When you position your faces, line up the bottom edge 3/8 inch up from the bottom edge of the block. That way, when you sew the blocks together using 1/2 inch seam allowance, you’ll catch the bottom edge of the applique in the stitching and it will be nice and secure.

Fuse the face into place.

Layer a second square of flannel behind the one with the applique (both facing right side up).

Stitch down all the edges on your applique. Outlining through both layers of flannel adds just a little bit of poof and dimension to your block – not as much as quilting with batting, but similar.

I used the “scribbly” method of going around each bit three times with regular weight black thread and a simple straight stitch. There’s a post here with more detail about that, and one here with more info about using a heavier weight thread if you prefer that.

This post has tips for stitching the tight curves around the eyes, and also for stitching the mouths. And this one has tips for making dark eyes show up on dark faces, like this cutie.

After you get all 30 blocks appliqued, it’s time to sew them together. This was actually the hardest part, because it’s backwards from any other kind of sewing you’ll do normally.

Add a third layer of flannel to each block, this time with the right side facing the back of the quilt. (It’s going to become your quilt back.)

Using 1/2″ seam allowance, sew two blocks wrong sides together so that the seam allowance is on the right side of the quilt.

Here’s what it looks like from the back.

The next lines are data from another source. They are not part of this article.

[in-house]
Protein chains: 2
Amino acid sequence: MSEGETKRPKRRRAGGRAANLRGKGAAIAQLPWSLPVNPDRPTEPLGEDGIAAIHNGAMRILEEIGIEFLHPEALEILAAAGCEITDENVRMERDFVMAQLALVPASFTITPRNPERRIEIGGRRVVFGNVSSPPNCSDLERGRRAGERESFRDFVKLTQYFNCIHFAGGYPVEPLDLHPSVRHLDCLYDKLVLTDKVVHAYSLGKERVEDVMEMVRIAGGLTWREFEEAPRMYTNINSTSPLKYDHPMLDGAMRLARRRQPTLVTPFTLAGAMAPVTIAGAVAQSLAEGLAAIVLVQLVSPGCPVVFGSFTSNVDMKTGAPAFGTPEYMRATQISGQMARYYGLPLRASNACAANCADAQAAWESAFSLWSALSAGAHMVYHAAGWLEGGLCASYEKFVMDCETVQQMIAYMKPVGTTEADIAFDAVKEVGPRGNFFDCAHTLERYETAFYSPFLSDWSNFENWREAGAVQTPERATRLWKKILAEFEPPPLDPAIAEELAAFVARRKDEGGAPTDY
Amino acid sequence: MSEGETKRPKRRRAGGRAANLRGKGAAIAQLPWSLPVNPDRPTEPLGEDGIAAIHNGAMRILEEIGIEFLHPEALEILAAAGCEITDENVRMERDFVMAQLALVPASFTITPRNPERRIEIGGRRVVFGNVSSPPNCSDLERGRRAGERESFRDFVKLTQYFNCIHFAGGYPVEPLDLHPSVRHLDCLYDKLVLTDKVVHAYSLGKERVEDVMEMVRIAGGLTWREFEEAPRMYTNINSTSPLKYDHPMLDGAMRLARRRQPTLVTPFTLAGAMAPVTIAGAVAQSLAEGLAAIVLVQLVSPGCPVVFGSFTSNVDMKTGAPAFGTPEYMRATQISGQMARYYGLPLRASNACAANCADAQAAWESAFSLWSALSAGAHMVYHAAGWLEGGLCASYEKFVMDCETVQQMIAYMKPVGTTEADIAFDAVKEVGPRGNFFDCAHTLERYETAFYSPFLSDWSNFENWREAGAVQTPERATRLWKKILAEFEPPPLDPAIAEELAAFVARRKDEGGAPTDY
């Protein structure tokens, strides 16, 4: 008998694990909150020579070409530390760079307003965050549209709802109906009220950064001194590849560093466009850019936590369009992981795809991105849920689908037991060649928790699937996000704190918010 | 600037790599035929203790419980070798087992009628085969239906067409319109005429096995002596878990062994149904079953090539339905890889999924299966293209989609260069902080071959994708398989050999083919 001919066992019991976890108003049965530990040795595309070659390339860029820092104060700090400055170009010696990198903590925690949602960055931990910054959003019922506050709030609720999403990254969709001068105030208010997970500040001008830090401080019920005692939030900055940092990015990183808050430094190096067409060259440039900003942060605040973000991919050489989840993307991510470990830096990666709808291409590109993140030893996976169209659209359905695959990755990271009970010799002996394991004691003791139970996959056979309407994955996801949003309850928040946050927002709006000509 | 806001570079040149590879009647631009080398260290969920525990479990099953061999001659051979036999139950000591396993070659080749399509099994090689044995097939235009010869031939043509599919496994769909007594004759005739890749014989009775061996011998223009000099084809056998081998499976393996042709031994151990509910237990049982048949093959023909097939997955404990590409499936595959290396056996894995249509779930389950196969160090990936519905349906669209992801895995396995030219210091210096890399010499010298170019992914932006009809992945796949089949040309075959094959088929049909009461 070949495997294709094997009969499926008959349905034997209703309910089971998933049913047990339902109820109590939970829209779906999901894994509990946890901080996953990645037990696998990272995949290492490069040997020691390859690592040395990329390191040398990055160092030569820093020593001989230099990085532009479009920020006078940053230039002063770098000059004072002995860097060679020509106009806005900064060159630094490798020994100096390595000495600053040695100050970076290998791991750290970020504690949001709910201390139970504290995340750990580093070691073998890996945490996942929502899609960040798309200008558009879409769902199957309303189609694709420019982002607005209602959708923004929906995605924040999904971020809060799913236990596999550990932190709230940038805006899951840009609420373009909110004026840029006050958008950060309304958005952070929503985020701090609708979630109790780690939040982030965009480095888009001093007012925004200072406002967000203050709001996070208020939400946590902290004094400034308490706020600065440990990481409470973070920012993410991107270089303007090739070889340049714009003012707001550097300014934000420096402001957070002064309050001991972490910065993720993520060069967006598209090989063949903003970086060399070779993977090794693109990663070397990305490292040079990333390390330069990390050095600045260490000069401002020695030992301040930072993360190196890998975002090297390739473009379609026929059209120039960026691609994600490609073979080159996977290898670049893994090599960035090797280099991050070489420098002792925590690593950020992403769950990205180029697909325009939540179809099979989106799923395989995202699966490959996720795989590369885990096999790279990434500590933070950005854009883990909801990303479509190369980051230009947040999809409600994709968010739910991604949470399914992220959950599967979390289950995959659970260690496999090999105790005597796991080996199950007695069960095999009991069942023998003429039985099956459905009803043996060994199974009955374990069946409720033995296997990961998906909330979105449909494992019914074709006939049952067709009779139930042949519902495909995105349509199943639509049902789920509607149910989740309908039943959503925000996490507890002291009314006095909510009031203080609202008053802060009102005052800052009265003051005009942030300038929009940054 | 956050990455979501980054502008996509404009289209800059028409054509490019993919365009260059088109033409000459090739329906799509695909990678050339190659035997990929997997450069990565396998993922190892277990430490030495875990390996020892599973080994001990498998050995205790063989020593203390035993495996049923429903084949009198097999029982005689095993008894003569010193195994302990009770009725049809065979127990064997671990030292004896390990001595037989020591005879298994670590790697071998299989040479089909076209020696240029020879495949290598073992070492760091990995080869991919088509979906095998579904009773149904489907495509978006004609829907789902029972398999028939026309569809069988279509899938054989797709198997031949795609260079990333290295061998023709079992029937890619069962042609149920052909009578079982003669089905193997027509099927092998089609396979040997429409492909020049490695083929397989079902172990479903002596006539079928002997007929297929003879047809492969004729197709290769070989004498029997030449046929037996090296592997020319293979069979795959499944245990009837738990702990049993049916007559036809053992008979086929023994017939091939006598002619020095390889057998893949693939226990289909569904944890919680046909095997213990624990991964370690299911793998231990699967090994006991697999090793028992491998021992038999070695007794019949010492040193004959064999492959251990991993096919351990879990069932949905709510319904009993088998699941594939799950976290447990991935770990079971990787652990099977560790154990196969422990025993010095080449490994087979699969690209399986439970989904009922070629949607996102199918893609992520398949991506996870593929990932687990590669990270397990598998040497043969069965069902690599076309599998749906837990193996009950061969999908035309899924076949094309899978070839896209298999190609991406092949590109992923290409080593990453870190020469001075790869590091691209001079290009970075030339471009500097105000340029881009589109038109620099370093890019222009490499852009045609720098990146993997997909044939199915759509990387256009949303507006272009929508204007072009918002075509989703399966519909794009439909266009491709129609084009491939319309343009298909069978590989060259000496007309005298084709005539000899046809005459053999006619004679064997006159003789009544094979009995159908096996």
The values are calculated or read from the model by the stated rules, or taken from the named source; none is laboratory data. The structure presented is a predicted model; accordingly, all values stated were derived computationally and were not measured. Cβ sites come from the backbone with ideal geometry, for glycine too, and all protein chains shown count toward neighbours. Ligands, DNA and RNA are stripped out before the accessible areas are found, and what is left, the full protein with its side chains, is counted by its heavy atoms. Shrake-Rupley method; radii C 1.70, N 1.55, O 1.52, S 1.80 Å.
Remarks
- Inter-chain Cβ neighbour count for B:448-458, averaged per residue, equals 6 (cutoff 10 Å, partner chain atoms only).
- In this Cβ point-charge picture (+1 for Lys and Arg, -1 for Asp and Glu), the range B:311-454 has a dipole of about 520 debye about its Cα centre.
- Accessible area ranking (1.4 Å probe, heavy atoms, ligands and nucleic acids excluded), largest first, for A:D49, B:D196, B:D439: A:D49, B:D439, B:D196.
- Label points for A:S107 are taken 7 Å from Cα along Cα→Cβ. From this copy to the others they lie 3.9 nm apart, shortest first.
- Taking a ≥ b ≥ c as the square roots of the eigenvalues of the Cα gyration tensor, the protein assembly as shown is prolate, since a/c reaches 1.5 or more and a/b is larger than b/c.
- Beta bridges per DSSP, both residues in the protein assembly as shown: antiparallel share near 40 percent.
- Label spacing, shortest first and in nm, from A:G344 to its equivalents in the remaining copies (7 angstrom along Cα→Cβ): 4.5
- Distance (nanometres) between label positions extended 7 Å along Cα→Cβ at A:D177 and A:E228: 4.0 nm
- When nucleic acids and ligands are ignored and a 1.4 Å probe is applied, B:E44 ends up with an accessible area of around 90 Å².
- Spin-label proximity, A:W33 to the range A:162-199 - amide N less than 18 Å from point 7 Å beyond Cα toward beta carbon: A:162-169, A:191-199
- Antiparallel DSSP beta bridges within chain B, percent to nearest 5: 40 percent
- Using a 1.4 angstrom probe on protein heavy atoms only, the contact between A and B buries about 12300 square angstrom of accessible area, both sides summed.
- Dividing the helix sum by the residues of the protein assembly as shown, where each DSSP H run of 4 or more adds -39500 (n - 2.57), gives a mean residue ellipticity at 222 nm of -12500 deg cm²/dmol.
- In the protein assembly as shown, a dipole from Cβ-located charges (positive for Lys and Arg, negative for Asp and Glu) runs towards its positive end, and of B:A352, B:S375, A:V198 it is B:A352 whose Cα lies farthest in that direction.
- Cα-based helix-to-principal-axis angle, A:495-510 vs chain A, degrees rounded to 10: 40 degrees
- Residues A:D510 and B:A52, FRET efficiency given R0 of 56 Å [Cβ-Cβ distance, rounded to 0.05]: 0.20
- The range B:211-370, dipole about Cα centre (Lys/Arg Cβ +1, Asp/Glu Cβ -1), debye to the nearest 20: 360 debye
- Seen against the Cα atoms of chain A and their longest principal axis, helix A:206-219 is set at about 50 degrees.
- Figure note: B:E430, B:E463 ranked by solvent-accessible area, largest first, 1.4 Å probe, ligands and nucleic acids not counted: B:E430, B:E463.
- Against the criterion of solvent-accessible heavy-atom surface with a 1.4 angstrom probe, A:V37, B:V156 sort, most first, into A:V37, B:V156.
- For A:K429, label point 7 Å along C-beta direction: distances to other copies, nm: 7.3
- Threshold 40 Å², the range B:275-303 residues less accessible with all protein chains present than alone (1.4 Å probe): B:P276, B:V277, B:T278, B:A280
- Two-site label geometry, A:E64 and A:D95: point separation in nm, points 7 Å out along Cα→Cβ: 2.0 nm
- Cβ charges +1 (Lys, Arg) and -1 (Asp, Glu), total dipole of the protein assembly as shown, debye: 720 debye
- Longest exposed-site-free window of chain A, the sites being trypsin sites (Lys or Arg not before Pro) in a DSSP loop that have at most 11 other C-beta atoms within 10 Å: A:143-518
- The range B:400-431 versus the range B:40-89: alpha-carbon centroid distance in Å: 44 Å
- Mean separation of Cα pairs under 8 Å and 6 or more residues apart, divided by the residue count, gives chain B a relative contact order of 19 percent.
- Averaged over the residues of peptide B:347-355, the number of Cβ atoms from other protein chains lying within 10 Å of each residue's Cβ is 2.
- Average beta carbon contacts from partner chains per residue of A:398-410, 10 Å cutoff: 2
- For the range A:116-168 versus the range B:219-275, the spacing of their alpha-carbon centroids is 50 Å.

See? That last layer of flannel makes a nice quilt back, and you have a nice clean seam.

I joined all of my blocks into rows of five, then sewed those rows together for the finished quilt.

The intersections can get very bulky, so I snipped into the seam allowance 1/2″ from each edge and sewed my crossing seam through that slit so I wasn’t stitching the seam allowance down.

And look – my seam secures the bottom edge of each bear, just like I planned. 🙂

I found it helpful to use my quarter inch foot, but adjust it out to 1/2 inch for sewing all those layers together.

I also lengthened my stitch to 3.0 and reduced the pressure on my presser foot to keep the layers from creeping. If you can’t make that adjustment on your machine, just use a lot of pins or clips, as if you were sewing napped fabrics together.

Once all the blocks are sewn together, sew all the way around the outside edge of the quilt, one half inch in from the raw edge.

Now it’s time to snip all those seams.

Snip 1/2 inch apart all along all the seam allowances, almost up to the stitching line. Be very careful not to cut into your stitching. If you slip and snip it, repair it now by sewing over the snipped seam.

If you’re trying to snip with regular scissors, you’ll need to take a LOT of breaks. They’re really not designed for this kind of work.

If you can afford to buy a special set of snips just for this kind of work, it is absolutely worth it. I tried several brands and these Fiskars Easy Action Tabletop Rag Quilt Snips were by far my favorite. They have a spring action, so their default setting is open, which saves a surprising amount of strain on your wrist. They’re super sharp, and the blades are slightly serrated, so they really grip the fabric well, helping them cut right up to the tips of the blades without “pushing” the fabric out at all.

Even with the fancy snips I took a break between snipping the horizontal and vertical seams. It took about two hours total.

Don’t forget to snip around the outside edges too.

When you’re done snipping, throw it in the wash and tumble dry.

Ta daa!

All those snipped edges fray in the wash and you get a really soft, fluffy ridge between each block. This blanket is just begging for someone to snuggle under it.

If you make an applique flannel rag quilt, we’d love to see it! Post a photo in the Shiny Happy People group so we can all oooh and aaah. 🙂

Happy stitching!

Best,
Wendi

Try one of our newest quilt patterns! Get the Liz Llama pattern here. Or join the Funny Faces Quilt Block of the Month Club to get a new block every month. 🙂